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The dietary impact of introducing new retailers of fruits and vegetables into a community: results from a systematic review

  • Rebecca C Woodruff (a1), Ilana G Raskind (a1), Diane M Harris (a2), Julie A Gazmararian (a3), Michael Kramer (a3), Regine Haardörfer (a1) and Michelle C Kegler (a1)...

To investigate the potential dietary impact of the opening of new retailers of healthy foods.


Systematic review of the peer-reviewed research literature.


References published before November 2015 were retrieved from MEDLINE, EMBASE and Web of Science databases using keyword searches.


The outcome of the review was change in fruit and vegetable consumption among adults.


Of 3514 references retrieved, ninety-two articles were reviewed in full text, and twenty-three articles representing fifteen studies were included. Studies used post-test only (n 4), repeated cross-sectional (n 4) and repeated measures designs (n 7) to evaluate the dietary impact of supermarket (n 7), farmers’ market (n 4), produce stand (n 2) or mobile market (n 2) openings. Evidence of increased fruit and vegetable consumption was most consistent among adults who began shopping at the new retailer. Three of four repeated measures studies found modest, albeit not always statistically significant, increases in fruit and vegetable consumption (range 0·23–0·54 servings/d) at 6–12 months after baseline. Dietary change among residents of the broader community where the new retailer opened was less consistent.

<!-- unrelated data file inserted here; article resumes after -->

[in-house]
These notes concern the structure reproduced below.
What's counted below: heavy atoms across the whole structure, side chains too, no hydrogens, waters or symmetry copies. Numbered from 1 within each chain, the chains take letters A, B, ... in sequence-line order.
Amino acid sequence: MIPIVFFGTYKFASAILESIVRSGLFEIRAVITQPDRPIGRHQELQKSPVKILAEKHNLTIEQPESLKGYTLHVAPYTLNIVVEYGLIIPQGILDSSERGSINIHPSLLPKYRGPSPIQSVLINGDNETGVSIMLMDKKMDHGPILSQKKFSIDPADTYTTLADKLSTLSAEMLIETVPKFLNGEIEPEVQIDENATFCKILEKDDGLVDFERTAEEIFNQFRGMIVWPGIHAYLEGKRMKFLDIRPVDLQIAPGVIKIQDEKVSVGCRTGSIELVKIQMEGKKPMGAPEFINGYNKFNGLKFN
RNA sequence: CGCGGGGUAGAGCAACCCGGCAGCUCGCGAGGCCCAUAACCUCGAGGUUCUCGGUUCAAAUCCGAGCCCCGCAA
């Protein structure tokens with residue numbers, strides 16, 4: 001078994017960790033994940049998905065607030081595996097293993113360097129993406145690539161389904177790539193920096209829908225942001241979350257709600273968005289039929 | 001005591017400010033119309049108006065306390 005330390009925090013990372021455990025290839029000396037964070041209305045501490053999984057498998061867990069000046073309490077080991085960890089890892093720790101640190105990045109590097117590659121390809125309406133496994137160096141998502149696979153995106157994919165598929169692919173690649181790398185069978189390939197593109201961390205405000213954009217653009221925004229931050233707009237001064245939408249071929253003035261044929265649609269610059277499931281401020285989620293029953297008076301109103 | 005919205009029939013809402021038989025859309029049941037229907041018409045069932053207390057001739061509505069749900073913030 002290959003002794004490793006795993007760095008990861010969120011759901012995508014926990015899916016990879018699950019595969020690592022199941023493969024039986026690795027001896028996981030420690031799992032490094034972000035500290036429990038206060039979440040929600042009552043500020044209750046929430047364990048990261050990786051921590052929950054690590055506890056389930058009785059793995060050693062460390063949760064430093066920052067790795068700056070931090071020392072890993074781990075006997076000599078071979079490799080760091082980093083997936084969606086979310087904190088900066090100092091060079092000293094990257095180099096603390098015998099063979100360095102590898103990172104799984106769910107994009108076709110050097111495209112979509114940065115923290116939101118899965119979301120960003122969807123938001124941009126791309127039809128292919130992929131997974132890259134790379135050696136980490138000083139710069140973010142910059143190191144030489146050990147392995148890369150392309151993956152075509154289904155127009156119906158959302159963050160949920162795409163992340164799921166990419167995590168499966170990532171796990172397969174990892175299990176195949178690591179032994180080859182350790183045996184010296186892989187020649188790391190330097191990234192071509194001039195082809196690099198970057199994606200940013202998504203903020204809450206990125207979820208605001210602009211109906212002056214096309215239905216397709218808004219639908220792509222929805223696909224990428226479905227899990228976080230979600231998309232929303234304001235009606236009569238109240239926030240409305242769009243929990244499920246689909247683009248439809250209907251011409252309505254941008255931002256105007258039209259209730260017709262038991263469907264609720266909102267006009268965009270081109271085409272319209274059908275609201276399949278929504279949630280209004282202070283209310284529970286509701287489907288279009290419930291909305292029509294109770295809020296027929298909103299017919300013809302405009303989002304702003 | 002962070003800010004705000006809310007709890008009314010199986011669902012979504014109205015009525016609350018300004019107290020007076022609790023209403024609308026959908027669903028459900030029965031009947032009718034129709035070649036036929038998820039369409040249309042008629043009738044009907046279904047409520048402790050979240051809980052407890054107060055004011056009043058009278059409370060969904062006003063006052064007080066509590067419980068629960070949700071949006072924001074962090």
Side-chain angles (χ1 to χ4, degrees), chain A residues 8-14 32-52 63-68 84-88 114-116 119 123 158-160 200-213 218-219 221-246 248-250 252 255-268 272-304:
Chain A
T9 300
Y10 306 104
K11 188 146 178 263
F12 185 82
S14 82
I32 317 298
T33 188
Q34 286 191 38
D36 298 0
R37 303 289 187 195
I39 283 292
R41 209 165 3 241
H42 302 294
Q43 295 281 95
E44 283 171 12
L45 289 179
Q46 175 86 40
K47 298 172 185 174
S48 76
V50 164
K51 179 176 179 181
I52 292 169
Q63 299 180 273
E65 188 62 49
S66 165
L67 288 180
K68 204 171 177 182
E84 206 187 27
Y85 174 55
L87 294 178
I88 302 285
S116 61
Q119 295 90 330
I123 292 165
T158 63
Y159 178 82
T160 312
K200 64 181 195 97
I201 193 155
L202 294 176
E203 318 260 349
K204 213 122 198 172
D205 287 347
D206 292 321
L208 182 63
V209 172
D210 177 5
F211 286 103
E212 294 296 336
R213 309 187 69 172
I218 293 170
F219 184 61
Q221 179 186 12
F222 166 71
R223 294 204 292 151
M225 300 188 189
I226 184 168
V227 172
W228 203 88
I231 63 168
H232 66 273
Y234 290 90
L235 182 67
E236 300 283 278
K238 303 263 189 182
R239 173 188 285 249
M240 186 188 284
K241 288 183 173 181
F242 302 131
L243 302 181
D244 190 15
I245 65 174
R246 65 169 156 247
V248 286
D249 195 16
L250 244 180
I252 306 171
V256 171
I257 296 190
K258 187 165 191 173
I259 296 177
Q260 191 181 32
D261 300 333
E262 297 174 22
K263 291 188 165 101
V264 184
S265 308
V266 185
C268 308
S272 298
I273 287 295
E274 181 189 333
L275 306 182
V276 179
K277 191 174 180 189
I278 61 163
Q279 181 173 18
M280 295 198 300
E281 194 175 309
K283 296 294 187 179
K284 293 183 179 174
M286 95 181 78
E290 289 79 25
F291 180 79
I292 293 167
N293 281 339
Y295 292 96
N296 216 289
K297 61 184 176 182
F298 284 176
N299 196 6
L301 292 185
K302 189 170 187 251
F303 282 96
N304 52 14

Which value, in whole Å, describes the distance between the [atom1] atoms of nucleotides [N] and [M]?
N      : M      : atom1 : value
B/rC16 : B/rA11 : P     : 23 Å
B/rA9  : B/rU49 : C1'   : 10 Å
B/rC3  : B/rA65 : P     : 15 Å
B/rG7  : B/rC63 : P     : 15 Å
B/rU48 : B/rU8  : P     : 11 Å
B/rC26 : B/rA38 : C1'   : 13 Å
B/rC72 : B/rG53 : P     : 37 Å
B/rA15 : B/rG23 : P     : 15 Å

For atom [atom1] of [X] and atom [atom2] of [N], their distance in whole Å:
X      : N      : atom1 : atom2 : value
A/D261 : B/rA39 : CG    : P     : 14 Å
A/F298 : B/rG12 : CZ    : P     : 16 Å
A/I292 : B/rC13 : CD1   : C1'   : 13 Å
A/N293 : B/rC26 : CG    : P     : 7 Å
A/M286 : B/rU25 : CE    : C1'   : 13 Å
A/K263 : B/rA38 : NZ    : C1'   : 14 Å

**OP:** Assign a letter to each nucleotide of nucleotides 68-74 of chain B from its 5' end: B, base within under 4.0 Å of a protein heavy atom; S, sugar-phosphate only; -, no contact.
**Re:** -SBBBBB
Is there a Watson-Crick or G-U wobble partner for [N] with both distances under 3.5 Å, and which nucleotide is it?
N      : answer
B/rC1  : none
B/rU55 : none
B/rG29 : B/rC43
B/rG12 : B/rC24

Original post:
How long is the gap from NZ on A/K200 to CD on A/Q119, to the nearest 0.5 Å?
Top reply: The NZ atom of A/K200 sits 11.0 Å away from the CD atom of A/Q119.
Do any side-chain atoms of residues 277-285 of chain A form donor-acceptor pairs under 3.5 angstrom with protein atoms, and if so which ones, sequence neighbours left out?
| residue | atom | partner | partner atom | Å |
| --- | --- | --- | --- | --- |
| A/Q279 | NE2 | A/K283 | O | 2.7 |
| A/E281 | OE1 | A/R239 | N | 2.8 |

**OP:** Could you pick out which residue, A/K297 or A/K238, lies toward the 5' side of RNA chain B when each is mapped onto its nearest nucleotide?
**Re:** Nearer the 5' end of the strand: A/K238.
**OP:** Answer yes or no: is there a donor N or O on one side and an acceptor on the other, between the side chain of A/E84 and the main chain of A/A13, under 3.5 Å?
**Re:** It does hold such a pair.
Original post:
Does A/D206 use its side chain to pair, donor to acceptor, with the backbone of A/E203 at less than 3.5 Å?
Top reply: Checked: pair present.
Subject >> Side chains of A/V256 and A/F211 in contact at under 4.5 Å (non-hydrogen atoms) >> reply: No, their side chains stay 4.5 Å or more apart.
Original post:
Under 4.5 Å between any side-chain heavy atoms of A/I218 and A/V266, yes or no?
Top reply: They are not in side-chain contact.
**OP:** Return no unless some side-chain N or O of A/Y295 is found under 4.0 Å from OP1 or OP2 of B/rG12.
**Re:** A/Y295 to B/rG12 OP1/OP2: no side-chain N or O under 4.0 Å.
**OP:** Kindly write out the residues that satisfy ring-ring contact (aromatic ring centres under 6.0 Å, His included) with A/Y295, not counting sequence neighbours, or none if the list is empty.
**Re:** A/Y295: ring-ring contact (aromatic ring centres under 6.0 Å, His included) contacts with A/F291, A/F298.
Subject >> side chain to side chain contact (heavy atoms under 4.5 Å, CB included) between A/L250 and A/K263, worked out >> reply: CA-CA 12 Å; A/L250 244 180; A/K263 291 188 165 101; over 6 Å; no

The methodological quality of studies, including research designs, sampling methods, follow-up intervals and outcome measures, ranged widely. Future research should align methodologically with previous work to facilitate meta-analytic synthesis of results. Opening a new retailer may result in modest short-term increases in fruit and vegetable consumption among adults who choose to shop there, but the potential longer-term dietary impact on customers and its impact on the broader community remain unclear.

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Public Health Nutrition
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